Today’s guest tutorial comes to you courtesy of X.

Two-dimensional geometry comes into play whenever we use Corona's display objects.

This is largely done at a high level and comes quite naturally. Assuming our code works, we rarely give statements like circle.x = 10 or image.rotation = 30 more than a passing thought.

We might find ourselves wanting to do more, however. A broader knowledge of geometry then becomes useful, even necessary. This series aims to explore several of the fundamental ideas: how to come up with them in the first place, and then put them to work.

Before getting too deep, we need to establish some basic details like lines and space, along with some of the arithmetic we will be using:

Preliminaries

With the preliminaries mastered, we can take on triangles:

Triangle basics

Triangle area

Angle relationships

Length

Similar triangles

Triangles will open the way for circles:

Circle basics

Pi

Full circle (NOTE:this is probably going to be split in two)

Circle boundaries

The Law of Cosines

The Law of Sines

Once we have a feel for triangles and circles, we can tackle vectors:

Vector basics

Vectors and area (NOTE: this and the next two are tentative)

Coordinate systems

Vector intersections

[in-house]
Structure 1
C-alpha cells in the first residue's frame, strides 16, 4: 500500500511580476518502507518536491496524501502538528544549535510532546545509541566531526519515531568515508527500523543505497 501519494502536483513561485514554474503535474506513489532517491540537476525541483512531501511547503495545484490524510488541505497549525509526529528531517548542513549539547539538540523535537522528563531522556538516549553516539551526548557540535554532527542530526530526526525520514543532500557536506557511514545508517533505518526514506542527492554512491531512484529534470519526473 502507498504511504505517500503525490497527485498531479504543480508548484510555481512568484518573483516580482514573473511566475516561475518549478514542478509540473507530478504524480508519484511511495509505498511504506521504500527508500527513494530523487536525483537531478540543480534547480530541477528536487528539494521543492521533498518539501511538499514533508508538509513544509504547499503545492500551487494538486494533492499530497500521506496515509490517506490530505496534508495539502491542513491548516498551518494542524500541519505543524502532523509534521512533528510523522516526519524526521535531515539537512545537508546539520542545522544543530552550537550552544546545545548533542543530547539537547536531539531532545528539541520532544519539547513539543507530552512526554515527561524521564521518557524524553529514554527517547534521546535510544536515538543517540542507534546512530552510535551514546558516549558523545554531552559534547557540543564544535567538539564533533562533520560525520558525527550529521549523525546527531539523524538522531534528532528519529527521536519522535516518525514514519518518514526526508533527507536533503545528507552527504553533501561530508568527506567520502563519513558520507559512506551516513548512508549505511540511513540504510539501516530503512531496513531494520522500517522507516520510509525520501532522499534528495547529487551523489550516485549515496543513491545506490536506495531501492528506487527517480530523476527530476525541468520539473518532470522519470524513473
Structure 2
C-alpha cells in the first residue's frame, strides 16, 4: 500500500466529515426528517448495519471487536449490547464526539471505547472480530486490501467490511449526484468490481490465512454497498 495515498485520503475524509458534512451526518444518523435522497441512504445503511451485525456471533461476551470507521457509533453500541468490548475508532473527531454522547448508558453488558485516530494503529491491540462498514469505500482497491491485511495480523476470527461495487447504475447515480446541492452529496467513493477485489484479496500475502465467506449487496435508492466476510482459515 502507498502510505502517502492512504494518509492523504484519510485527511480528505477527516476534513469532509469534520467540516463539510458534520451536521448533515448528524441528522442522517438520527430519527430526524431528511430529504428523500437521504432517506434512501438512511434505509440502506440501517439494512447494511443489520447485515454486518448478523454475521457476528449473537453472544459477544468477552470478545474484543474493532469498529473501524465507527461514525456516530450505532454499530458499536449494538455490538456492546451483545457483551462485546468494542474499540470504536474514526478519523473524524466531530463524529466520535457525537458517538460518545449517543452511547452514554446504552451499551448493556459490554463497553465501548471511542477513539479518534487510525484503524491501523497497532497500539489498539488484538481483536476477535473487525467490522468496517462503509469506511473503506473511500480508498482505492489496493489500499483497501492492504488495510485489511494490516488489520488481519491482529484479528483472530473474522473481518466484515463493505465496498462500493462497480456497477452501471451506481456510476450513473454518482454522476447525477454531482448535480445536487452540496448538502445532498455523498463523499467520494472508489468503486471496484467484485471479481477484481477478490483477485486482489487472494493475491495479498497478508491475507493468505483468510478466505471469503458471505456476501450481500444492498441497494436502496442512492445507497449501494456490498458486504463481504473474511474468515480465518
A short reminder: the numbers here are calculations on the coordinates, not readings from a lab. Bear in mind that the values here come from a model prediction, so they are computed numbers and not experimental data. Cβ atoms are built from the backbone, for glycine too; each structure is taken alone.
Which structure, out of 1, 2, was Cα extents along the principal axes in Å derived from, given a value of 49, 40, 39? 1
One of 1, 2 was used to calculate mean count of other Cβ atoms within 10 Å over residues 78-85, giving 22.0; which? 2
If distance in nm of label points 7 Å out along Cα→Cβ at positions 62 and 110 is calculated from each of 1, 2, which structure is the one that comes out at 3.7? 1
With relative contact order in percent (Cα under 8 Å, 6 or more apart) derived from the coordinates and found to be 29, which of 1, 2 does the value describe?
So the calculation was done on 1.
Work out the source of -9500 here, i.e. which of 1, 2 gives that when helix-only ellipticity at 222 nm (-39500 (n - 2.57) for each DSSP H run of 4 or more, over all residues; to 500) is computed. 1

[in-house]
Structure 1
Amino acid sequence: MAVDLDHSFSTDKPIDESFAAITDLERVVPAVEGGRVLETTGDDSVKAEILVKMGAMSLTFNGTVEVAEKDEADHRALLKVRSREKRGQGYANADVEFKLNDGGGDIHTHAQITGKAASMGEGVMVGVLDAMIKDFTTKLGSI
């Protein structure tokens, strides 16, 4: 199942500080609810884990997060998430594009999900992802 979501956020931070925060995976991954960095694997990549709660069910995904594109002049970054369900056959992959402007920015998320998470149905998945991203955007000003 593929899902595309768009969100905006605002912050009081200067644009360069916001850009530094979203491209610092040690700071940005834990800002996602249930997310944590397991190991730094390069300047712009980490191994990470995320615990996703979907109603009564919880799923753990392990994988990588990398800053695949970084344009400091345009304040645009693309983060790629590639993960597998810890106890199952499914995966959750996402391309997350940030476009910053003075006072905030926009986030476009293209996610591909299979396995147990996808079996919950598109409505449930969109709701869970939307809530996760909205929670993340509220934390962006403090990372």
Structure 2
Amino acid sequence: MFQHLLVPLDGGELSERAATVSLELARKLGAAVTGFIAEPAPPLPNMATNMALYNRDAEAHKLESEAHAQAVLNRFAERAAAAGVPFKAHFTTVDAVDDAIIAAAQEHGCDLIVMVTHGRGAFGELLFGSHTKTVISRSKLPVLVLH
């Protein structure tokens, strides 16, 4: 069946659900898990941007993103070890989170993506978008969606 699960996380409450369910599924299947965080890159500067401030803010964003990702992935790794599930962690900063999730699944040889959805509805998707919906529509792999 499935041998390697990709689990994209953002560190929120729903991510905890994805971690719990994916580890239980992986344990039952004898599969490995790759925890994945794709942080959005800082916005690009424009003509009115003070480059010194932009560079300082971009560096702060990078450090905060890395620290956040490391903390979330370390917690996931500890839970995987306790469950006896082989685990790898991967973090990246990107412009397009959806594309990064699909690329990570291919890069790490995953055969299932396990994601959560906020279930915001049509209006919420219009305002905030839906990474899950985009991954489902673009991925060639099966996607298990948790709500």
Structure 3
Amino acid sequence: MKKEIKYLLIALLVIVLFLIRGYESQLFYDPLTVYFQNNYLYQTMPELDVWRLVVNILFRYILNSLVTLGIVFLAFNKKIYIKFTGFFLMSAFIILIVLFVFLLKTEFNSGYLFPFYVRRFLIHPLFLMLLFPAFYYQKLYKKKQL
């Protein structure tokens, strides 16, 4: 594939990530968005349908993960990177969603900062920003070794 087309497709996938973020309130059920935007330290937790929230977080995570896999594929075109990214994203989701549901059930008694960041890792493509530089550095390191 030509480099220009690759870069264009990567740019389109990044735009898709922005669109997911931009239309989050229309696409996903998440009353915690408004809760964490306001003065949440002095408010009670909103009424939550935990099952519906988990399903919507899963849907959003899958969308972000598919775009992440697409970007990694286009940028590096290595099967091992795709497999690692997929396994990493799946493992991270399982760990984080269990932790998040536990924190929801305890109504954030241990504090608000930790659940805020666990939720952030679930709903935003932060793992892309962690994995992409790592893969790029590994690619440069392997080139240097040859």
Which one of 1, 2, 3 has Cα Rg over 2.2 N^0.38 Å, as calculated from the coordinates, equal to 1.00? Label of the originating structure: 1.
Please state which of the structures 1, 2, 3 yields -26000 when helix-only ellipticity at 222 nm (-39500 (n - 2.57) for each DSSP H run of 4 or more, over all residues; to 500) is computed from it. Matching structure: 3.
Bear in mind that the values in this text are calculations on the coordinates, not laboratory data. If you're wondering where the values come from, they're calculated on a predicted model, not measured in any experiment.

The following "extra" articles continue a trend begun in the Law of articles, but may be read apart from the material on vectors.

The circumcircle

The incircle

The excircles

### Some quick notes

The target audience is a reader with at least a basic grasp of arithmetic (distributive law, powers, roots). Some familiarity with algebra might also be helpful.

(NOTES:Necessary arithmetic developed in Preliminaries)

The material is arranged so that later sections build upon earlier ones. This will also be true from one article to the next, as the series progresses. Naturally, there is going to be a lot to absorb! Many concepts might require several rereads, as well as a bit of time—and perhaps some experimentation in Corona?—before finally sinking in, especially for someone new to it all.

For the most part, the various links are simply "further reading": alternative proofs, additional points of view, visualizations, even some history.

Similarly, some sections end with an EXERCISES block. These exercises are optional as well, but working them out might offer interesting insights. While digressionary, these more closely follow the material in the text.

The MathJax toolkit is used to render mathematical expressions like ${1 \over x}.$ As in this example, punctuation characters such as periods and commas are rolled into such expressions whenever they immediately follow them; this makes the characters stand out a bit, especially when their unadorned counterparts are nearby, but eliminates some occasional formatting weirdness.

This repository contains the various small programs, along with a few support modules, used to generate most of the figures in these articles. The mathematical ideas under discussion naturally tend to appear in the corresponding code, so it might be worth an occasional look. Be aware, however, that more advanced concepts sometimes show up as well.